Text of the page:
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A T-maze, with food at the end of one arm and an empty bowl at the other

In behavioral science, a T-maze (or the variant Y-maze) is a simple forked passage used in animal cognition experiments.[1][2] It is shaped like the letter T (or Y), providing the subject, typically a rodent, with a straightforward choice. T-mazes are used to study how the rodents function with memory and spatial learning through applying various stimuli. Starting in the early 20th century, rodents were used in experiments such as the T-maze. These concepts of T-mazes are used to assess rodent behavior. The different tasks, such as left-right discrimination and forced alternation, are mainly used with rodents to test reference and working memory.


The T-maze is one of a group of various mazes of differing sizes and many shapes.[3] It is one of the most simple, consisting of just two turns – right or left. The maze is only able to be altered by blocking one of the two paths. The basis behind the T-maze is to place the rat at the base of the maze. By placing a reward at one arm or both arms of the maze, the rat must make the choice of which path to take. The decision made by the rat can be a cause of a natural preference within the rat. A study of alternation can be performed by repeating the experiment multiple times with no reward in either arm of the maze. Another experiment that can be performed is the alternation of rewards each time the experiment is performed, proving the rat will choose the arm that was not visited each time the experiment starts.

Rewards within the rats can be types of food, another rat within a cage, an odor, or a type of shelter. By performing this type of experiment, the rat's preferences can be determined. Examples of this could be a rat's food preferences, its familiarity with specific smells and scents, the attraction of the male and female within the maze, and whether a young rat prefers an adult female or an adult male. These simple experiments can determine the rat's psyche on multiple subjects, and ultimately divulge further into the rat's psychological characteristics. It is also important to consider the rodent's behavior. The use of spatial and non-spatial cues is very influential to research findings on memory, spatial learning and the long-term potentiation (LTP). These cues include the orientation of the maze, extra-maze cues and room configuration cues. Strategies may be affected by the rodent's ability to find cues in the room, the presence or absence of polarizing cues in the room, and the stability of the maze in the room. When analyzing and interpreting experimental data, researchers have to consider the orientation and configuration of the apparatus and cues in the room.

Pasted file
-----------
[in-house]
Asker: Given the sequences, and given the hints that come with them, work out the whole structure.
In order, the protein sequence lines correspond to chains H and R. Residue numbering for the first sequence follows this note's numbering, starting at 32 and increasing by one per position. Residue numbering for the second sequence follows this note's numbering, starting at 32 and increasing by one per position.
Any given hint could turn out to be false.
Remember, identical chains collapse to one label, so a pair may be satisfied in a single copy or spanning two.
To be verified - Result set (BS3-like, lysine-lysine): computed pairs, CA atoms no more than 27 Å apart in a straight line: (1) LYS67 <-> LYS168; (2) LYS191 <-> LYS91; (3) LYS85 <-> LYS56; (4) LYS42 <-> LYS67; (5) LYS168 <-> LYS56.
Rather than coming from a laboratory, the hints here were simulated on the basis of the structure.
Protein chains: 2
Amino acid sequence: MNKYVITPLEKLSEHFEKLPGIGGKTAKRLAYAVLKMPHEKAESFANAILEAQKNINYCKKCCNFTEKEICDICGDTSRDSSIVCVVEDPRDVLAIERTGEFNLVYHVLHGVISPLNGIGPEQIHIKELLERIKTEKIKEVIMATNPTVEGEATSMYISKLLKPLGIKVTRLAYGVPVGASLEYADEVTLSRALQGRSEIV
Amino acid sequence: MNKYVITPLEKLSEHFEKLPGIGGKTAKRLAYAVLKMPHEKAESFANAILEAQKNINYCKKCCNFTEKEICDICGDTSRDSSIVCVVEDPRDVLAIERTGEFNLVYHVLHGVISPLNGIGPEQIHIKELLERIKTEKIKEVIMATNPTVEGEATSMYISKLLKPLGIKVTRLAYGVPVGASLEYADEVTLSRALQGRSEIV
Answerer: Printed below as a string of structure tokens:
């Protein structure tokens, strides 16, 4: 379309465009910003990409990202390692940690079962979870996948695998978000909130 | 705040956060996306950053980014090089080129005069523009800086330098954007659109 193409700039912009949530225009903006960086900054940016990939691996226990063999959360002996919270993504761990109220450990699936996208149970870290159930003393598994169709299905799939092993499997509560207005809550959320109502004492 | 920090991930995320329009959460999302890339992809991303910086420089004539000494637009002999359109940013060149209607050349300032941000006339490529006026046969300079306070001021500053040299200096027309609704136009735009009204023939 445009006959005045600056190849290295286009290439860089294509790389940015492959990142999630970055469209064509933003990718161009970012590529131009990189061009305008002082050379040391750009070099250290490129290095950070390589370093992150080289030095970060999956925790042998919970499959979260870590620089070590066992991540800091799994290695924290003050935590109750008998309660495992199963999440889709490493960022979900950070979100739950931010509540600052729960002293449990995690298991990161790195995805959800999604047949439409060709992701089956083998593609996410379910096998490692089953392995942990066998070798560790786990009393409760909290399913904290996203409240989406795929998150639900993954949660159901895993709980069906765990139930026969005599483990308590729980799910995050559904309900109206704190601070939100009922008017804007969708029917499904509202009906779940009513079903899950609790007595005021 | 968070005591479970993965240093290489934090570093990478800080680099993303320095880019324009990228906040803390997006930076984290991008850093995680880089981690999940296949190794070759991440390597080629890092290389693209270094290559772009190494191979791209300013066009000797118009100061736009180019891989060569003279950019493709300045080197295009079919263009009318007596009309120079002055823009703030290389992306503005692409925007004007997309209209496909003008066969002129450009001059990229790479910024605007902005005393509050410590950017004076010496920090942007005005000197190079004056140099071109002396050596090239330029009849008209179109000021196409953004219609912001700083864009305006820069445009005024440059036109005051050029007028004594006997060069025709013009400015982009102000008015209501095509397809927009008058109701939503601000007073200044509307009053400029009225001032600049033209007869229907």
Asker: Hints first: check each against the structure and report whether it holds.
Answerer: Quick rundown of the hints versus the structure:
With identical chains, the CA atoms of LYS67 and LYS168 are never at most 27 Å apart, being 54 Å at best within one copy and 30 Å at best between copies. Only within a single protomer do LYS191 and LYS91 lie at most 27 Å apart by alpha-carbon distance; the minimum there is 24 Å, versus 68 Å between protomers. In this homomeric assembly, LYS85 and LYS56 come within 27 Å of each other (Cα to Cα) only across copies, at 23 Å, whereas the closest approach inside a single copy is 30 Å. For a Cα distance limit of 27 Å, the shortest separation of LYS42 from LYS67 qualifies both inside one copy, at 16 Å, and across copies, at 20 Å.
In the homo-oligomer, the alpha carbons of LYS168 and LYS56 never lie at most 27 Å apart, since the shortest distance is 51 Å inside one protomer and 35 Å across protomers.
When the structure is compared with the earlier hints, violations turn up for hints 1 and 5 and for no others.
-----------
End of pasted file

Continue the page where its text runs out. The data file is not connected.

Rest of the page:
Other mazes[edit]

Multiple T-maze[edit]

This type of apparatus includes multiple T-mazes connected which result in a very complex maze. It is constructed of a high number of T-junctions. Each intersection remains the same length and scale, which gives every point within the maze a direct right or wrong answer. By not changing the size of the maze, it allows for the rat to focus on the decision and not be confused if the size of the maze was altered within the junctions. Multiple T-mazes are constructed to question response vs. place techniques and of cognitive direction and mapping.

An example of an experiment within a multiple T-maze was performed by allowing the rat to explore the multiple T-maze without a reward. After letting the rat roam, researchers restarted the maze again with a reward placed at the end of the maze. The rats with prior exposure to the maze were able to easily navigate through the maze to reach the reward. This experiment proved that rats have the ability to generate a cognitive map when exposed to their surroundings and can process this information when needed to complete a task.


Researchers have also created the Y-maze which functions very similar to the T-maze. The Y-maze is altered to have a more gradual change into the arms. The arms are also all equal in length and distance apart from one another. The Y-maze has proven to be easier for rats to understand the layout of the space and recognize rewards, similar pattern, and adapt to new experiments at a quicker pace.